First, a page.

"I think the senior people, they actually think that if you work very hard, you'll make it"

2 minute read

Science magazine has an article in its “careers” section about the job prospects for the hundreds of young physicists who worked on the Large Hadron Collider: “After the LHC, the Deluge”.

The numbers make the problem clear. In 2007, the year before CERN first powered up the LHC, the lab produced 142 master's and Ph.D. theses, according to the lab's document server. Last year it produced 327. (Fermilab chipped in 54.) The two largest particle detectors fed by the LHC, the A Toroidal LHC Apparatus (ATLAS) and the Compact Muon Solenoid (CMS)which both independently spotted the Higgsboast teams of 3000 and 2700 physicists. By themselves, the CMS and ATLAS teams minted at least 174 Ph.D.s last year. That abundance seems unlikely to vanish anytime soon, as last year ATLAS had 1000 grad students and CMS had 900.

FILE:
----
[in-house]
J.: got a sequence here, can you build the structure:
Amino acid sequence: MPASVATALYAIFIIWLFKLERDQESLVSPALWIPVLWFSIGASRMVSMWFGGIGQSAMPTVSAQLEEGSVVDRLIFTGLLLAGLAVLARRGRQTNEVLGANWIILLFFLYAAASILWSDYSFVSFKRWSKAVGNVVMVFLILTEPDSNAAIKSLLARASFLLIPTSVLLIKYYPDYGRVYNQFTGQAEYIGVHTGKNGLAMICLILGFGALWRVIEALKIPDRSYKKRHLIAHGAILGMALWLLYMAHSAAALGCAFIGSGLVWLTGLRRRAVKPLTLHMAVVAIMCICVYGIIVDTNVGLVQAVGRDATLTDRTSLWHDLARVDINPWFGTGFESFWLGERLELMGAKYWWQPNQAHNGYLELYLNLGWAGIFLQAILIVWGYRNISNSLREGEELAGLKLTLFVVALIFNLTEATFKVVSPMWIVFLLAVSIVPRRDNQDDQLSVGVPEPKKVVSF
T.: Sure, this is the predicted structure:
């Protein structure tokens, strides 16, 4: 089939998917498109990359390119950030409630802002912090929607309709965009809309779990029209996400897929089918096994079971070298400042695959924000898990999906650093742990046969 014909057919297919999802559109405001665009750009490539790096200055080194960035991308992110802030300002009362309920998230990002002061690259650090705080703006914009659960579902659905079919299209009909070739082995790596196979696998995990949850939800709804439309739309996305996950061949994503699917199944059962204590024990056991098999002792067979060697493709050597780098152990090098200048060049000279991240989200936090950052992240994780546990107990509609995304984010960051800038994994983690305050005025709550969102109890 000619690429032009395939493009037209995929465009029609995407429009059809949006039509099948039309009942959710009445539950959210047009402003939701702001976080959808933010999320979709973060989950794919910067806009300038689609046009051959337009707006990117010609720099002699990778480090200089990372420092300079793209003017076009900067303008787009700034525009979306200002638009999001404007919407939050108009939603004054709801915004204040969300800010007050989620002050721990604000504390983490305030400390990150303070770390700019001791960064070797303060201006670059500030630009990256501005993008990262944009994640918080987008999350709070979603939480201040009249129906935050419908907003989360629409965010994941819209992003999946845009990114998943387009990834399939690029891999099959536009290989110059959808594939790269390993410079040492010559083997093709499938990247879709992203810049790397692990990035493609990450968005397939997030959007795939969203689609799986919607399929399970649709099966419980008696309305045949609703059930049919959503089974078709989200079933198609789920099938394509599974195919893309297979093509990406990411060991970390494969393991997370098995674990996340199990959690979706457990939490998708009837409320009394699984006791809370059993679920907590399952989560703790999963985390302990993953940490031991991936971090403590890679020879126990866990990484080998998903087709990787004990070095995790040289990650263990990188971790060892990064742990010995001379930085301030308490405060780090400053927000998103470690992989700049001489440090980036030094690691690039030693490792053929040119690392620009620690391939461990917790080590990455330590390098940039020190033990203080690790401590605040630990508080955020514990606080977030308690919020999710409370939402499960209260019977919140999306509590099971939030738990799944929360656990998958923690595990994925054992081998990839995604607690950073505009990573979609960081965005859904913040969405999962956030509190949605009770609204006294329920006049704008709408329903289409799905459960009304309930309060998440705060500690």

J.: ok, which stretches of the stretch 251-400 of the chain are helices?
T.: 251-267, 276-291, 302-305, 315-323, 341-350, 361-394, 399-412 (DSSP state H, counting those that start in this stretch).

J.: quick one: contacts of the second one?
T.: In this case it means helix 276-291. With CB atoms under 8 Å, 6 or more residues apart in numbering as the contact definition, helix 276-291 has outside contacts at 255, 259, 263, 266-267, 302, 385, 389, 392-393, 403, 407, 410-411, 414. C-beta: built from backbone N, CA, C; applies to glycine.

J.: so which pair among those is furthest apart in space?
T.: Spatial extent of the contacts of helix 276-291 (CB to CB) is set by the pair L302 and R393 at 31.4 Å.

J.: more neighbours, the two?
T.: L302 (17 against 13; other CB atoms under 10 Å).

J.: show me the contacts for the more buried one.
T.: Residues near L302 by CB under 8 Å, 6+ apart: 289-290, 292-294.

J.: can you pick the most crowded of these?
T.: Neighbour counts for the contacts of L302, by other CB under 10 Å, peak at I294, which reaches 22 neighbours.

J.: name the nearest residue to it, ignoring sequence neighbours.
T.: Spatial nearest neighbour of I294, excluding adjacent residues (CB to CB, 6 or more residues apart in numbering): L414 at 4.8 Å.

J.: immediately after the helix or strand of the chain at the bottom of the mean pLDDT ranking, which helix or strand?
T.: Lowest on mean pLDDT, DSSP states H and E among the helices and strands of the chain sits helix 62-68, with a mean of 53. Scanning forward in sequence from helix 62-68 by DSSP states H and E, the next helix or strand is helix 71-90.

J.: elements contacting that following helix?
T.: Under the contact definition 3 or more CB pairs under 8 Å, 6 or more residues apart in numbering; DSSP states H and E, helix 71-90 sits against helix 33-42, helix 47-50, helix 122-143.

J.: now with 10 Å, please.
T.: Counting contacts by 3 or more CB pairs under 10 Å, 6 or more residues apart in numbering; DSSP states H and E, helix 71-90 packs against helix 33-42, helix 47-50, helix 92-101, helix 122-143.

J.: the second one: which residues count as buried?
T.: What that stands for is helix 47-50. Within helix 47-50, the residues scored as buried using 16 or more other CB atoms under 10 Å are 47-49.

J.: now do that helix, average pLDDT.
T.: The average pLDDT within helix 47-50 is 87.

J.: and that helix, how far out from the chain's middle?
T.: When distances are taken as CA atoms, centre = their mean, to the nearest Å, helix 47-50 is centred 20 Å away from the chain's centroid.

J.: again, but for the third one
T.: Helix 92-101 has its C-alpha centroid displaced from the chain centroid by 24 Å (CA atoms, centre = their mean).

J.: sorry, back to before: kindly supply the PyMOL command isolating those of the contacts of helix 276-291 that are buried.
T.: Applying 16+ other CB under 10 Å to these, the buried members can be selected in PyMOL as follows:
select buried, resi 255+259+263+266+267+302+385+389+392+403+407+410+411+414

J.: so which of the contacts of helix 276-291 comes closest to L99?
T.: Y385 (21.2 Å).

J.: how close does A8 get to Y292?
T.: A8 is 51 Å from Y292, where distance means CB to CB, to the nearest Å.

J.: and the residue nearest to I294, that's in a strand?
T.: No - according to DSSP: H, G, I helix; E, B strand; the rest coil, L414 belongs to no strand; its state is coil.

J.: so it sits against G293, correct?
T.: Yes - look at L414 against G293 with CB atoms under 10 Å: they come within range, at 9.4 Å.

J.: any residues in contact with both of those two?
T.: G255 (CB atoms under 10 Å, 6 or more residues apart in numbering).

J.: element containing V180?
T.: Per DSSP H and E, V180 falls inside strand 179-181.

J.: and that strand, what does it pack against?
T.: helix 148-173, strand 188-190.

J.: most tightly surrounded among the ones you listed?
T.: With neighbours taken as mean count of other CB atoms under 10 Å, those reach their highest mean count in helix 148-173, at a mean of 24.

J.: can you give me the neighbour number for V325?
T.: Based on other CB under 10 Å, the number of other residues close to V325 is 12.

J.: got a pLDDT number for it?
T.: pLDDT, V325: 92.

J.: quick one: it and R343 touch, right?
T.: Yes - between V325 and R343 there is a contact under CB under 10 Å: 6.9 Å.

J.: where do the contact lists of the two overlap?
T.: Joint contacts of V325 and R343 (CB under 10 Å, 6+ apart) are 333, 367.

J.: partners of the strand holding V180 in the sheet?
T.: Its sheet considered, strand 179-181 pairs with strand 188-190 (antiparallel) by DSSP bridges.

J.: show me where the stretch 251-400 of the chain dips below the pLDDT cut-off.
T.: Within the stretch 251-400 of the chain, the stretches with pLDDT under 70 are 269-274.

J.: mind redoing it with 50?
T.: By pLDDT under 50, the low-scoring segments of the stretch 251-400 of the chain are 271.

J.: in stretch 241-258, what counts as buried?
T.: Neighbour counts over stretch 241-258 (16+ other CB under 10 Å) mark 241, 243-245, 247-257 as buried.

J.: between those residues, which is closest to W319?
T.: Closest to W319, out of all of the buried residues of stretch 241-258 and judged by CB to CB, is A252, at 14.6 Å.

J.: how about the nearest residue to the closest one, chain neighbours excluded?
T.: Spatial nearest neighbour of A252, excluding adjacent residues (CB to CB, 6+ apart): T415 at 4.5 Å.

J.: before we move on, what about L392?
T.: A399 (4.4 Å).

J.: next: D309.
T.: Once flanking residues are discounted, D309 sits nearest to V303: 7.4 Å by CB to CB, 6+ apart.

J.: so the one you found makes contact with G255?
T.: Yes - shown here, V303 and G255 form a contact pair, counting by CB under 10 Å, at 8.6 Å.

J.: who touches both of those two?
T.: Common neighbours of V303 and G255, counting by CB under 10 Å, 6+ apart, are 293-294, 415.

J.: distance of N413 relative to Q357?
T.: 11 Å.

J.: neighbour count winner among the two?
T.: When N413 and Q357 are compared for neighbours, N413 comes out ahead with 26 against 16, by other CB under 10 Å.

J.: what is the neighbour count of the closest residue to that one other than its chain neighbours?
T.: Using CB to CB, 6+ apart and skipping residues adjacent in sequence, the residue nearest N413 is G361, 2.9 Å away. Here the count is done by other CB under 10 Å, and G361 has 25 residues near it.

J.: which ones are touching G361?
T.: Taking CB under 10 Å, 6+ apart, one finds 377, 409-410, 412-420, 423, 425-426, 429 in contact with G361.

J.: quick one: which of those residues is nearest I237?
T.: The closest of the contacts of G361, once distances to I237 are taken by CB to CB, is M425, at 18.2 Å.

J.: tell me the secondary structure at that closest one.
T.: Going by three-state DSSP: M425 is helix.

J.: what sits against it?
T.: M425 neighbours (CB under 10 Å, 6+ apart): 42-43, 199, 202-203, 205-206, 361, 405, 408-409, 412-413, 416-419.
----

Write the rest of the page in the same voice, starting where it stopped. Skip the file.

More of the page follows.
Big Science works well when it produces huge rafts of data that allow many independent groups to do interesting work. It works poorly when it hogs resources toward expensive projects that can only test a handful of hypotheses. Nothing wrong with being a cog in a machine with 3000 cogs, but you have to be a shiny cog indeed to build a long career out of a project that will eventually close:

Today's mega-experiments rely on armies of graduate students and postdocs to do the nuts and bolts work, Asaadi says. That's fine, he says, so long as everybody understands the situation from the beginning. "When you're starting graduate school, is your advisor telling you, 'Look, you get this great skill set that will be transferable to other things outside of academic physics'?" Asaadi says. "Or are you being told, 'Just work hard and there will be something or other [in physics] in the end'? It seems like it's more of the latter." He adds, "This is where we got some pushback from advisorsit was seen as whining."

From a 2008 report by the American Academy of Arts and Sciences: “The average newly minted doctorate will not receive her or his first NSF award until age 39 to 40, with the median age 37 to 38.”

This number has been getting higher over time, but since the current value equates to the average year 4 or 5 in a tenure-track position (after a postdoc), there is probably no room for it to increase – this is very much the age at which people must either have a way make it in academics without a federal grant, or leave.